AS we know, there are no straight lines when it comes to Brexit.

Superficially, for those opposed to a no-deal outcome, it might appear a no-brainer to back a Commons vote to bring down the Johnson government, install Jeremy Corbyn in No 10 for a wee while, seek another EU extension to leaving the bloc and then hold a snap general election.

Nicola Sturgeon’s SNP tentatively warmed to the idea as did the Greens and Plaid Cymru. But Jo Swinson for the Liberal Democrats branded the Corbyn caretaker plan “a nonsense,” claiming the Labour leader could hardly guarantee getting all of his own MPs to help put him in Downing St let alone Tory rebels.

While some Labourites decried Ms Swinson’s stance, suggesting it revealed the Lib Dems’ preference for putting their hatred of Mr Corbyn ahead of their commitment to stopping a no-deal outcome, others dismissed their leader’s plan as “bonkers,” noting how his commitment to holding a second referendum following a snap election would go down like a lead balloon in Leave-voting Labour constituencies.

Tory Remainers Dominic Grieve, Oliver Letwin and Nick Boles appeared open to at least having a chat with the chief comrade but Caroline Spelman, appeared positively frosty, declaring: "I could not support a Corbyn Government, end of.”

So, it may be a “no-deal alliance” might be cobbled together to bring down a Johnson government but there will not be the numbers to install Mr Corbyn in Downing St when you consider Labour Leave rebels, ex-Labour rebels who are now Independents, and Tory Remainers, who could not bear seeing the Leader of the Opposition in power however short his tenure.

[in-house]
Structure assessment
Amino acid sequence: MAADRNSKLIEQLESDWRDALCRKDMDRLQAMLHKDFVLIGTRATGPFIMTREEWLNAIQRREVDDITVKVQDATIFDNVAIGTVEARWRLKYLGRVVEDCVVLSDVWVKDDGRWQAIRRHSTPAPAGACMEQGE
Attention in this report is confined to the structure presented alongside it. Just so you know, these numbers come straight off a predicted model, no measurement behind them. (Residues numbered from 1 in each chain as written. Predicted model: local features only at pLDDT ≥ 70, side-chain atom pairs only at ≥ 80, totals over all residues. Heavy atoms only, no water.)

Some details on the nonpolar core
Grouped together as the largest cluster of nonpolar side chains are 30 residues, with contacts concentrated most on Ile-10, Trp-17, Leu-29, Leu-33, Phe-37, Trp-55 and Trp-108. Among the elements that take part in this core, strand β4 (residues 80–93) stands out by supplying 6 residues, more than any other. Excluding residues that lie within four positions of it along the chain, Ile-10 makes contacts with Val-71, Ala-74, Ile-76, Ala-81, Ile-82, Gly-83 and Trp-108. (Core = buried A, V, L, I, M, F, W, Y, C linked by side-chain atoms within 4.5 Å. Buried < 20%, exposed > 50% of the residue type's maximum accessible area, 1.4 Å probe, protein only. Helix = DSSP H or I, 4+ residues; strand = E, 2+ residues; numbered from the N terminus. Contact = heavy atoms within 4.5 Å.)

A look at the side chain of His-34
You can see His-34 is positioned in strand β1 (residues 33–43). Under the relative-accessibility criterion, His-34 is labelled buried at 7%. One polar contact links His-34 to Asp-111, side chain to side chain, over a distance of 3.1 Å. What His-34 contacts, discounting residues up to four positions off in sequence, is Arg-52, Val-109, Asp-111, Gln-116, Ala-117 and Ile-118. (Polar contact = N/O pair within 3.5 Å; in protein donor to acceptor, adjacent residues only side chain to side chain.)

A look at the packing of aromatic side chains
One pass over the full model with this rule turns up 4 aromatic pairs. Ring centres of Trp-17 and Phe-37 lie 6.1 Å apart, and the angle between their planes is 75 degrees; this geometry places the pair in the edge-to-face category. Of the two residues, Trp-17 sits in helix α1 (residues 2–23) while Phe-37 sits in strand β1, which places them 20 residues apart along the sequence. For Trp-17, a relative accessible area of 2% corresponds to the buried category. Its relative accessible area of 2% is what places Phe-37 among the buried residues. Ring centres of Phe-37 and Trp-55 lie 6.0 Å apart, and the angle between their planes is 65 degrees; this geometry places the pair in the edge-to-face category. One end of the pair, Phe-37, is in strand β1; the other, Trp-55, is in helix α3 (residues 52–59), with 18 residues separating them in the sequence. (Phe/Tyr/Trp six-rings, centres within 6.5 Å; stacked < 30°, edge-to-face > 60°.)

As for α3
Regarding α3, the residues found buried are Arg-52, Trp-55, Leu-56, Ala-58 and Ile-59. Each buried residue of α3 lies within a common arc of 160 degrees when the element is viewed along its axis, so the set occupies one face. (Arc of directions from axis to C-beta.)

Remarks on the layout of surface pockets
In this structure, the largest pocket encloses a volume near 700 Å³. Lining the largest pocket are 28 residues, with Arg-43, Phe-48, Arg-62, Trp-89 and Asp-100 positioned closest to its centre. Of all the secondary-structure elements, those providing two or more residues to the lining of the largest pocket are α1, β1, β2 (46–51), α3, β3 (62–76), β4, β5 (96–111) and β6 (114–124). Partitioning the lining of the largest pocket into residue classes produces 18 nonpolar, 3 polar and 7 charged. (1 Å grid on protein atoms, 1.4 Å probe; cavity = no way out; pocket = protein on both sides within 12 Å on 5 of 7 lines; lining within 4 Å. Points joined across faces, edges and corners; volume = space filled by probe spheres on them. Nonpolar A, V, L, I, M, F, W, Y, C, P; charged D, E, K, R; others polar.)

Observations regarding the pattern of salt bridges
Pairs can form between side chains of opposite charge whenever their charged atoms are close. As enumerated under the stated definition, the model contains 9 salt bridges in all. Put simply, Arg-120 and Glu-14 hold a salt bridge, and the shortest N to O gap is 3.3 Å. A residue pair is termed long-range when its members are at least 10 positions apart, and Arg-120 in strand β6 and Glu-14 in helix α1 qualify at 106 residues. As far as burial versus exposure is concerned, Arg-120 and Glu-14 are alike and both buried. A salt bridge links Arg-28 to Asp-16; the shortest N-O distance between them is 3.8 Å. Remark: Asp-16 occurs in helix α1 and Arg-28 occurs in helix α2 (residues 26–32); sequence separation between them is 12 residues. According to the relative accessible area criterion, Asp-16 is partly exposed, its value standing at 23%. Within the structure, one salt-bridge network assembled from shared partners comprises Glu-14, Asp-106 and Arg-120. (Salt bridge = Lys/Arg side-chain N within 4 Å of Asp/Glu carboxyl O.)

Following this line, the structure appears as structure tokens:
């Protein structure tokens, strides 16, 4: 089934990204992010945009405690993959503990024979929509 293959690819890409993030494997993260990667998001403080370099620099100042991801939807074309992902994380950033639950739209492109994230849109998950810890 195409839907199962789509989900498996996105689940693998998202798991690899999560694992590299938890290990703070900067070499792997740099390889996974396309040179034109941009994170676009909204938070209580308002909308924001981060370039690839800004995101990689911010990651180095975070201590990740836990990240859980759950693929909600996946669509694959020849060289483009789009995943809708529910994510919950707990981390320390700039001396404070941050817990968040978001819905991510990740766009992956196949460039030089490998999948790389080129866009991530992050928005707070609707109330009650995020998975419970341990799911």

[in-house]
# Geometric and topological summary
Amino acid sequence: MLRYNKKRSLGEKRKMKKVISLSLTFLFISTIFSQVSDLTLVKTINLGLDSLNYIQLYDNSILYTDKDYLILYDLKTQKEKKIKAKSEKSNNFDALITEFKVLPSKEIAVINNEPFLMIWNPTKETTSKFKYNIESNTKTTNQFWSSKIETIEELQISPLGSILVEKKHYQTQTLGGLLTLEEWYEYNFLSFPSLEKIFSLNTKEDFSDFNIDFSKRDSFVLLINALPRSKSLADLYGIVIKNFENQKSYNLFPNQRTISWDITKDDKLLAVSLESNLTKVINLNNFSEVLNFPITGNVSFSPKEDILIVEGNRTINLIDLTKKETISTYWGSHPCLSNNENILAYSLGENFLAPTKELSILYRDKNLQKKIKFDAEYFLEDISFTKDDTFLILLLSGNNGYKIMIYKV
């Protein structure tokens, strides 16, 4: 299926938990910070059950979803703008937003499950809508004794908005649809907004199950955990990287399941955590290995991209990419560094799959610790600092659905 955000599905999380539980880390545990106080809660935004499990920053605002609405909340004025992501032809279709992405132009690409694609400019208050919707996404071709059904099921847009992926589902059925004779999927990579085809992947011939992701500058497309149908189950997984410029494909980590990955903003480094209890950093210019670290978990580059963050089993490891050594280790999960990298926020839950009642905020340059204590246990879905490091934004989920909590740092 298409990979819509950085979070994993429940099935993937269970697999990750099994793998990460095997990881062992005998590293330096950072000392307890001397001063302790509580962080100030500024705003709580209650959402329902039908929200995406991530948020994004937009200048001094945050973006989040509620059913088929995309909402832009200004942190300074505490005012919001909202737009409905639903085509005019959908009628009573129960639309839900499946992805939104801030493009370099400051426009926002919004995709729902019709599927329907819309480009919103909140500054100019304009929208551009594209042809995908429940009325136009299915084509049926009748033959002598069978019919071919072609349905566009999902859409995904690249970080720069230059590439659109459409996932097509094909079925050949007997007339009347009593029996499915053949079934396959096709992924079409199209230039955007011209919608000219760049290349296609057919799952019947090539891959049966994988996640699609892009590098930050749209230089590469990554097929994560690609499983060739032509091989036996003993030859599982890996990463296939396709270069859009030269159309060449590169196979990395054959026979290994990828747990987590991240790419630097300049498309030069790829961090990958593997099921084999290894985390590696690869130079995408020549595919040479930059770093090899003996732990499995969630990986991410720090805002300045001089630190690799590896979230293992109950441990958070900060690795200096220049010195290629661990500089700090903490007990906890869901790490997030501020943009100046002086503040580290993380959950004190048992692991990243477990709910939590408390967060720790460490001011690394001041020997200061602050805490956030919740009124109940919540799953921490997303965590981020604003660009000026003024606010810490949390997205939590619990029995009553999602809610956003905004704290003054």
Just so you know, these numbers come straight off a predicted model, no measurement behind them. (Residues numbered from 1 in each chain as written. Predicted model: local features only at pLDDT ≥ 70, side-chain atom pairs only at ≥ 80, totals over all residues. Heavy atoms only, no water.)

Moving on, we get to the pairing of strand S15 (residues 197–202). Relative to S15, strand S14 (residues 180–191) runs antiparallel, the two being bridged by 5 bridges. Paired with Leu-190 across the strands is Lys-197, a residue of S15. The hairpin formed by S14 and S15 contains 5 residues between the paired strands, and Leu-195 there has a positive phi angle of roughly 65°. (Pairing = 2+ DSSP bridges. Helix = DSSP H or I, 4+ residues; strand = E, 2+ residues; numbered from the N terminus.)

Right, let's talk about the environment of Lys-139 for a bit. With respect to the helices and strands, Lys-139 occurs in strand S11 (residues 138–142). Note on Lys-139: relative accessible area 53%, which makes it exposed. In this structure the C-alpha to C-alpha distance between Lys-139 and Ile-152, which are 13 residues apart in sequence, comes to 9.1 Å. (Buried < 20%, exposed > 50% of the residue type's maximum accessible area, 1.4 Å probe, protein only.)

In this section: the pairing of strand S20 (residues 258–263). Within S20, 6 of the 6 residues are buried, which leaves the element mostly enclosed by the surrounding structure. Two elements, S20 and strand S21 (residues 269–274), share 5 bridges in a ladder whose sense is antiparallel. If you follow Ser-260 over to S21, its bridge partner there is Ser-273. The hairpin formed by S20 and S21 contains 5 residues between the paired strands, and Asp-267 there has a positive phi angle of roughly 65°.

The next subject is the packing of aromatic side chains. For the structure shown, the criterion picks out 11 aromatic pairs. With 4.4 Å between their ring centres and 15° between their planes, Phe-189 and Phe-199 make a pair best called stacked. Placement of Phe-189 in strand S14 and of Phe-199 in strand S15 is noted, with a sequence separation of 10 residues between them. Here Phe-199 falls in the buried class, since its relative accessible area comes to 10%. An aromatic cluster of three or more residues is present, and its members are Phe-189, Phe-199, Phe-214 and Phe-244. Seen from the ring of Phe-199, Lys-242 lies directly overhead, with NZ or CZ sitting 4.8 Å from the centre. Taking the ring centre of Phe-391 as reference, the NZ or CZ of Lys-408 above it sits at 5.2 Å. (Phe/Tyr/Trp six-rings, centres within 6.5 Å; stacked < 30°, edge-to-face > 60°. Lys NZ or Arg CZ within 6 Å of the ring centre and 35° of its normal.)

So the Lib Dem leader is suggesting either Ken Clarke or Harriet Harman, the respective Father and Mother of the Commons, or indeed both, could lead an emergency unity government. Indeed, Ms Swinson told Channel 4 both were up for it.

But if no alternative government can be formed, then Mr Johnson, by law, can recommend to the Queen when a general election should be held ie after Brexit happens on October 31, meaning those backing Nigel Farage’s Brexit Party would swing behind the Tories to give them a Commons majority.

With this prospect, the pressure therefore is on the Remainers to unite in the weeks through September and October to find a way block a no-deal outcome.

In April, MPs successfully passed a Bill to get the Government to ask for an extension; one was granted until October 31. Mr Grieve believes they can repeat the exercise but there are no guarantees; even with a sympathetic Speaker.

Whitehall insiders believe the powerbrokers of Brussels will cave in at the very last moment. Yet in this Brexit psychodrama, the only certainty is uncertainty.